Ohio State football kicker Jake Seibert starts out at cornerback in preseason camp

Joey Kaufman
The Columbus Dispatch

Jake Seibert, who spent the past two seasons as a kicker, is trying out a new position.

Seibert practiced with the cornerbacks as Ohio State opened preseason training camp Thursday after bringing up the move earlier this summer.

“He wanted to kind of bring some different value,” Buckeyes coach Ryan Day said. “He’s still going to work on kicking and do that part of it, but he’s also going to be able to help us at other positions.”

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Day said Seibert has experience playing wide receiver and cornerback in high school at La Salle in Cincinnati.

Seibert has served as the Buckeyes’ backup kicker, most notably filling in for Blake Haubeil during the 2020 season's College Football Playoff final against Alabama when Haubeil was sidelined after testing positive for COVID-19.

Seibert made one of two field goals against the Crimson Tide. He did not attempt one last season.

With him elsewhere, Noah Ruggles was the only kicker available during the first practice of camp.

Ohio State is waiting on Southern California transfer Parker Lewis to be cleared for eligibility by the NCAA.

Ruggles, a finalist for the Lou Groza Award as the nation’s top kicker last fall, was not with the team during spring practice for personal reasons, but returned at the end of the semester.

Day seemed satisfied with his reacclimating to campus.

“You don’t know until you get going,” Day said, “but so far, so good.”

Seibert could provide some extra depth in the secondary, where the Buckeyes are thin at cornerback with only six returning scholarship players at the position.

Sevyn Banks, Lejond Cavazos and Ryan Watts, all cornerbacks on last season’s team, transferred elsewhere over the offseason.

The official roster for preseason camp lists Seibert at both cornerback and kicker.

Ohio State secondary coach Tim Walton is working kicker Jake Seibert into the mix at corner.

Ohio State backup quarterback reps

Quarterbacks Kyle McCord and Devin Brown will see first-team reps during preseason camp following C.J. Stroud.

“You got to develop these guys,” Day said. “It’s a huge three weeks to bring those guys along. They’re going to get plenty of reps. Plenty of reps with the 1s. Plenty of reps with the 2s. We’ll mix those up, and that’s part of the process. How many guys can get game ready?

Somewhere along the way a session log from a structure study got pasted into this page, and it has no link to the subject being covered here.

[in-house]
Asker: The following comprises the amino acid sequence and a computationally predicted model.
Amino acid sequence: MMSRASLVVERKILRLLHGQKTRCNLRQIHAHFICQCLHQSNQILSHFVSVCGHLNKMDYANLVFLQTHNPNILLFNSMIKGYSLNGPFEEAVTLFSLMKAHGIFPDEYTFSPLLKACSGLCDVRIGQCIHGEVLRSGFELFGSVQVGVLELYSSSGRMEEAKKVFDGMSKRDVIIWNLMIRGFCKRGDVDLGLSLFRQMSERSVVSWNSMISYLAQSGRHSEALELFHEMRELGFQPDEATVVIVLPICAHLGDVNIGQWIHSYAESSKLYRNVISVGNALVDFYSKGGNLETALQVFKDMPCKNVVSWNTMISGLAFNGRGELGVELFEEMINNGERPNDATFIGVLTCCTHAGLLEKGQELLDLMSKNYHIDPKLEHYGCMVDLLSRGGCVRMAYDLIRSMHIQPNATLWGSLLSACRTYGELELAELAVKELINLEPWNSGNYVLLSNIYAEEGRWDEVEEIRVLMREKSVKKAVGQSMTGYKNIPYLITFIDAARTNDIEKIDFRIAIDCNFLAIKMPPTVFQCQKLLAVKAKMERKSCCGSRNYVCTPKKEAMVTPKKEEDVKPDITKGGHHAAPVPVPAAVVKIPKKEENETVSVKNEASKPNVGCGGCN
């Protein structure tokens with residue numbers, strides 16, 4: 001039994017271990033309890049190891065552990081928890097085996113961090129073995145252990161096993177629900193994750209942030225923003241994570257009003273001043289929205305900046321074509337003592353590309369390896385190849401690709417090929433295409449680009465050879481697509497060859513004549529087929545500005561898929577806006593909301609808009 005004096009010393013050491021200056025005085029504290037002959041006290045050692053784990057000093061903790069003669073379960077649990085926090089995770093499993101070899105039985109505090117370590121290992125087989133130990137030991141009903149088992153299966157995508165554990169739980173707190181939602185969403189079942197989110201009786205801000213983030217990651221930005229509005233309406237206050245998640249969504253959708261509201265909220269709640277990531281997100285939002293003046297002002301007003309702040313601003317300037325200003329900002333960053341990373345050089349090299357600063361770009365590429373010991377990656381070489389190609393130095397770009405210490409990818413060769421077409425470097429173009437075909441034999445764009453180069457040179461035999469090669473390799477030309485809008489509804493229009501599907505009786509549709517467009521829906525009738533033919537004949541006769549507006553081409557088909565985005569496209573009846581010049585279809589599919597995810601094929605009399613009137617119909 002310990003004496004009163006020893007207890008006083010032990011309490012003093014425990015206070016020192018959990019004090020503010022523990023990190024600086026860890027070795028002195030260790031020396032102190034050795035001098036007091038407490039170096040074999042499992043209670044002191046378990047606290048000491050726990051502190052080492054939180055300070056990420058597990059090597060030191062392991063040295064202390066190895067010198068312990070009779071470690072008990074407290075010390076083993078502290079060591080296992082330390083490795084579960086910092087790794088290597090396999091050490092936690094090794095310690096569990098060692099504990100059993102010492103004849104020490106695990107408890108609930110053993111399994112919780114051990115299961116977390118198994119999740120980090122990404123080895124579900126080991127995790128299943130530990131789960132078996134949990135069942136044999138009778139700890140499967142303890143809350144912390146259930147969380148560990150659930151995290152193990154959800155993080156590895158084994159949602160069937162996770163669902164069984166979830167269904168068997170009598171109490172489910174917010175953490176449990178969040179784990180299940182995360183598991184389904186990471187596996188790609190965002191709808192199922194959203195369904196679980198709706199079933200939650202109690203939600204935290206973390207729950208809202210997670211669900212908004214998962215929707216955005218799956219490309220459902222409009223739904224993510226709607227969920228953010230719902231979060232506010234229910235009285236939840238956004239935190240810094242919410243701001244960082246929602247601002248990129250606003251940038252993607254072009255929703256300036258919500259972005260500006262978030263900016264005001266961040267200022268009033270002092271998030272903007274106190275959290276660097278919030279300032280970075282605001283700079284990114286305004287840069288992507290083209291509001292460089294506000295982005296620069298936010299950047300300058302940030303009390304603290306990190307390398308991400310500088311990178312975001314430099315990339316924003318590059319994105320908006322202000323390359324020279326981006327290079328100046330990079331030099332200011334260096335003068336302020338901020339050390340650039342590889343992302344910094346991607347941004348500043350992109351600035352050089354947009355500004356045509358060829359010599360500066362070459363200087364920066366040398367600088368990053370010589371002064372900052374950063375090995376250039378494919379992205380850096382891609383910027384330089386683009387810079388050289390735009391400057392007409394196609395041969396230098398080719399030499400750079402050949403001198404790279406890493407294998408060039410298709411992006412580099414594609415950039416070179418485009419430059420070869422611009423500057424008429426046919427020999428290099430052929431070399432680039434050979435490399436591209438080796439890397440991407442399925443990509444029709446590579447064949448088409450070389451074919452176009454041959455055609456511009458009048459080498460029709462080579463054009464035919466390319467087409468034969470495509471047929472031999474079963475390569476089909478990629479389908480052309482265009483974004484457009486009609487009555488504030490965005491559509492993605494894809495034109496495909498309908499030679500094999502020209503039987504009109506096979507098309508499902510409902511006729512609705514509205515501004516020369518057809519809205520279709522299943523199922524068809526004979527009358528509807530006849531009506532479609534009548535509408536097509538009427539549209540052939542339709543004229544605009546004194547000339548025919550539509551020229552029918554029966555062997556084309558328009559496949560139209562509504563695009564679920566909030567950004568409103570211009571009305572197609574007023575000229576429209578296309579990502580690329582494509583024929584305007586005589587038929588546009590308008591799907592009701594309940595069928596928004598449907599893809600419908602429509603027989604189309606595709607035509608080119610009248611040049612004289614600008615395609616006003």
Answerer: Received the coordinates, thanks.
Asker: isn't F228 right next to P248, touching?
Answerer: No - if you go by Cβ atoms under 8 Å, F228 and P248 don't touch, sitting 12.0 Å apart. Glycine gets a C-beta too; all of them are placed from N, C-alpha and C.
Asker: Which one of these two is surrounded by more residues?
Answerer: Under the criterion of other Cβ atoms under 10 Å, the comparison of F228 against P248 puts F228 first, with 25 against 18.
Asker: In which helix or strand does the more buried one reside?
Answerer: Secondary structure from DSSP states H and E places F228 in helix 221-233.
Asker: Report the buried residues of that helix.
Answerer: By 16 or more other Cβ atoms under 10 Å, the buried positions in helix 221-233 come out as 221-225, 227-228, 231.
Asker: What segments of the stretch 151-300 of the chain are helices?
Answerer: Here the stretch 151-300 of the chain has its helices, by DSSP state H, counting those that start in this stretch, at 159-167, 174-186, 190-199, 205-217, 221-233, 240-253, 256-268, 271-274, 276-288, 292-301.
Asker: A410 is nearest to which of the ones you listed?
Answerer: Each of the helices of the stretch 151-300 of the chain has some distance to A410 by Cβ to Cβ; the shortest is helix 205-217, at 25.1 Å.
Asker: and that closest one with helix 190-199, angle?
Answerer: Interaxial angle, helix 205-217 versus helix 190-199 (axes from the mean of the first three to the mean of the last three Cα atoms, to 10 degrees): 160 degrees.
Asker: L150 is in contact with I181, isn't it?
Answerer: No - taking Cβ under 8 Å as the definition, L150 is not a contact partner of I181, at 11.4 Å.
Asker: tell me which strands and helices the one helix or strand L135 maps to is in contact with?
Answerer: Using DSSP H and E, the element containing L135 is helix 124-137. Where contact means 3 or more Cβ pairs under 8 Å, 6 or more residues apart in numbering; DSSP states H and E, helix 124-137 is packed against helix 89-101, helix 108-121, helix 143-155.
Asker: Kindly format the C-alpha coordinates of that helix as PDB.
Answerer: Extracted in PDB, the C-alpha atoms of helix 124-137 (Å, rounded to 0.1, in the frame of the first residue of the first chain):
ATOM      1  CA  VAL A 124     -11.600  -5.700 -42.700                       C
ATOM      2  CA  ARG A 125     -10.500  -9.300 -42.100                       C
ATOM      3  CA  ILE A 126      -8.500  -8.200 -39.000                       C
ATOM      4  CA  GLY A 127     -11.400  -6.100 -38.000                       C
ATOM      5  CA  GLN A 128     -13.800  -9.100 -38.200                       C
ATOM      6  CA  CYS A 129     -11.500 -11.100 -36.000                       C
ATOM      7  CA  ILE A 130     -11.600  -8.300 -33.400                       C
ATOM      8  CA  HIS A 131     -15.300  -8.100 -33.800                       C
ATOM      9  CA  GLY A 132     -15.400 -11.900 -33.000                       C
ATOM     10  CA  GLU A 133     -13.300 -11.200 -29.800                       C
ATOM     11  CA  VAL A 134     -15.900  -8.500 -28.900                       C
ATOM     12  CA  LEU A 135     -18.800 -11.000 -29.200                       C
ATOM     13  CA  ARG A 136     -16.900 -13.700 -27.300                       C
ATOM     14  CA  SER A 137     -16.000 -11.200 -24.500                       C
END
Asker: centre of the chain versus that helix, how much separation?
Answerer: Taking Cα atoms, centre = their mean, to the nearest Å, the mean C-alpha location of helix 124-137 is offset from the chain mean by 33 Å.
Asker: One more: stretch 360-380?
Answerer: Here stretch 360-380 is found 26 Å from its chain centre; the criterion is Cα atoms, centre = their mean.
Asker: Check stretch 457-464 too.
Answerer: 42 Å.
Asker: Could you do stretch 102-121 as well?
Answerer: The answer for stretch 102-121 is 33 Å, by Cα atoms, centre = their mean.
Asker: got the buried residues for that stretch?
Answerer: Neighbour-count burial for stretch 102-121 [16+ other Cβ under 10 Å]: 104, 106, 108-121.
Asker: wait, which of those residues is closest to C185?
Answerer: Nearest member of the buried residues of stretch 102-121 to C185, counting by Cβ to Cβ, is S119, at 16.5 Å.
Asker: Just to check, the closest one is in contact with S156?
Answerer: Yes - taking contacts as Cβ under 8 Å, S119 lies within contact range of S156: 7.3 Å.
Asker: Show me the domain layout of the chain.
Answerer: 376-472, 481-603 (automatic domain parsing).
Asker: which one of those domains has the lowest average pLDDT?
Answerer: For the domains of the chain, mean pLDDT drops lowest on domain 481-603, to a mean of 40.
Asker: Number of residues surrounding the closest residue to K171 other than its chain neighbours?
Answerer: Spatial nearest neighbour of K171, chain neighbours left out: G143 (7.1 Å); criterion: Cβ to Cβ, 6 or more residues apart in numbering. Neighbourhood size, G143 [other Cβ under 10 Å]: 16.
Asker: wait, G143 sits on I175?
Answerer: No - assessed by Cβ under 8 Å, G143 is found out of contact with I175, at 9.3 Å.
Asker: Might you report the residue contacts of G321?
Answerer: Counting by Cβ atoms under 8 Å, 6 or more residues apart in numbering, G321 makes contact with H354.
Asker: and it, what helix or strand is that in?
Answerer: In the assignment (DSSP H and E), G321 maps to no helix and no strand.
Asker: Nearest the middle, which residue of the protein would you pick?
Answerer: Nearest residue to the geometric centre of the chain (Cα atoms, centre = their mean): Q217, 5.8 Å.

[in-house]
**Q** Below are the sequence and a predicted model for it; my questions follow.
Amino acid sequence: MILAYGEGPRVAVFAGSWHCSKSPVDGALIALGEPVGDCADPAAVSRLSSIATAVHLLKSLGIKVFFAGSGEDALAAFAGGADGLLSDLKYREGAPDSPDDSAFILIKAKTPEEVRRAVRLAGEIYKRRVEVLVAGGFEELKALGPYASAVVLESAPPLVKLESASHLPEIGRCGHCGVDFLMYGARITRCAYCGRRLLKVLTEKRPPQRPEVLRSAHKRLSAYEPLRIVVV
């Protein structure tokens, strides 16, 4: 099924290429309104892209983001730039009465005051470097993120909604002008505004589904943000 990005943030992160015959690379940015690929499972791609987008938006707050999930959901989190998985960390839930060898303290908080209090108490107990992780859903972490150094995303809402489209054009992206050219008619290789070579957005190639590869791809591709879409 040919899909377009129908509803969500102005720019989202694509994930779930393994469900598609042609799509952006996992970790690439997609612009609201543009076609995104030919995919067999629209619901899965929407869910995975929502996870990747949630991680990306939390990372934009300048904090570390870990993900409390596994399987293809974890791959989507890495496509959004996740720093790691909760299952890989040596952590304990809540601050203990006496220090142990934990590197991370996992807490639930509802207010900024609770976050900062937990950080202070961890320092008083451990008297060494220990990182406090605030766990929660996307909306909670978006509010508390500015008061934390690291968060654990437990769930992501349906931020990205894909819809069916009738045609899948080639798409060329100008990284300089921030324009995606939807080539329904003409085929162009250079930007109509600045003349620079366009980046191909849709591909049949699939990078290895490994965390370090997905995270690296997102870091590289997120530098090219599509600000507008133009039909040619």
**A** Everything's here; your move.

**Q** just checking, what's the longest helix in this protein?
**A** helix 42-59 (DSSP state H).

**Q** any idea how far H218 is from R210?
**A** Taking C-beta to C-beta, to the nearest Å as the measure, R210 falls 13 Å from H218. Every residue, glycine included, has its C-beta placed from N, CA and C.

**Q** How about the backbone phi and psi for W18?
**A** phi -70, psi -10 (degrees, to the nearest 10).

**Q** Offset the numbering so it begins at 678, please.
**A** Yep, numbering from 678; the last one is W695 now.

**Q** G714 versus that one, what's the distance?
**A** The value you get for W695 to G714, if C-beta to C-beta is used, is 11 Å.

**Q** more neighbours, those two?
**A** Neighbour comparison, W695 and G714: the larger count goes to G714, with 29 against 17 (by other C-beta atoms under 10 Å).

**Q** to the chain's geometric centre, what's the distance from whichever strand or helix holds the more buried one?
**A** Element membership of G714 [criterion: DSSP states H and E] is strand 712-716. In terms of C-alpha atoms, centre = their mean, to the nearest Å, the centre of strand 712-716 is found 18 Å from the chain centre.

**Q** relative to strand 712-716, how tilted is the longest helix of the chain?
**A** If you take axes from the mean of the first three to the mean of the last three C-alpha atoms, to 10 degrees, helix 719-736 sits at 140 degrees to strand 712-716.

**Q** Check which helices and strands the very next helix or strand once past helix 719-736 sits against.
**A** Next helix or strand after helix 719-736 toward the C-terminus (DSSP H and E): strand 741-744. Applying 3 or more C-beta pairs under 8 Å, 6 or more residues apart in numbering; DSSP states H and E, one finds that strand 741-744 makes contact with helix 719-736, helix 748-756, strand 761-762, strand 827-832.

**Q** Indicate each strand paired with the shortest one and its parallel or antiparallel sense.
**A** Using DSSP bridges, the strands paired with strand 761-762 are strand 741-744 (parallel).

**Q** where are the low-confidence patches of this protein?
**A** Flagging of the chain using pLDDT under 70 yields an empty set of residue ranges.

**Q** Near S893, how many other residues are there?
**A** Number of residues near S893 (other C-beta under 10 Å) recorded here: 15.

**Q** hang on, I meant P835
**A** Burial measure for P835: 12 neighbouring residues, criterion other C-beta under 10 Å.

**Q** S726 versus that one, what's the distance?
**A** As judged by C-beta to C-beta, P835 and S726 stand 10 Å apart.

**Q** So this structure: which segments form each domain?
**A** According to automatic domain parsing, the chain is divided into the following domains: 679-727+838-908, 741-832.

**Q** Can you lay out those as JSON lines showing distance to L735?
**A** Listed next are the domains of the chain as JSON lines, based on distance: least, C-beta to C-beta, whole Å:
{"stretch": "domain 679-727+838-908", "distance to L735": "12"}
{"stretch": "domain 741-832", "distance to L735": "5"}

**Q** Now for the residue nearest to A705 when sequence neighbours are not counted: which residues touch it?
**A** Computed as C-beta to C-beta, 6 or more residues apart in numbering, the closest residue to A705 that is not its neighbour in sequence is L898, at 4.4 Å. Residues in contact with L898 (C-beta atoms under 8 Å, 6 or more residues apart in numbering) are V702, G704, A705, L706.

Neither of the backup passers have much on-field experience, though McCord started in place of an injured Stroud during a non-conference game against Akron last season.

Over five games as a freshman in 2021, McCord completed 25 of 38 passes for 416 yards, two touchdowns and two interceptions.

Brown, a freshman who enrolled in January, followed McCord in the rotation of quarterbacks Thursday.

While looking for development from the rest of the quarterbacks, Day said the priority remains Stroud’s preparation for the season opener against Notre Dame on Sept. 3.

“We got to get C.J. to a point where he’s ready to go play his best football against Notre Dame,” Day said.

Aug 4, 2022; Columbus, OH, USA;  Ohio State Buckeyes quarterback Devin Brown (15) throws a pass during the first fall football practice at the Woody Hayes Athletic Center. Mandatory Credit: Adam Cairns-The Columbus Dispatch

Buckeyes add protective padding

Offensive tackle Zen Michalski, linebacker Teradja Mitchell and defensive tackle Tyleik Williams are among a few of Ohio State’s players wearing Guardian Caps, protective padding that straps over the outside of their helmet.

In an effort to reduce head injuries, the NFL has mandated the padded caps for offensive and defensive linemen, linebackers and tight ends during the early stages of the preseason.

While Guardian Caps are available for the Buckeyes, Day said they are not required to be worn by the players.

“We just talked to them about it,” Day said, “asked them to do their own research, and there were a few guys that decided to use them.”

Aug 4, 2022; Columbus, OH, USA;  Ohio State Buckeyes defensive tackle Tyleik Williams (91) wears Guardian cap padding over his helmet during the first fall football practice at the Woody Hayes Athletic Center. Mandatory Credit: Adam Cairns-The Columbus Dispatch

OSU injury progress

Lathan Ransom took a step forward in his recovery from a leg fracture suffered in the Rose Bowl in January

Ransom went through non-contact safety drills on Thursday, a progression Day said was on the horizon last week during Big Ten media days.

While rehabbing the injury, Ransom did not participate in spring practice in March and April.

Other previously injured players rejoined the Buckeyes for the first practice, including defensive end Tyler Friday who missed all of last season due to an anterior cruciate ligament injury. 

Mitchell Melton, a defensive end and linebacker who suffered an ACL injury in the spring game, was the lone notable absence. 

Joey Kaufman covers Ohio State football for The Columbus Dispatch. Contact him at or on Twitter @joeyrkaufman.

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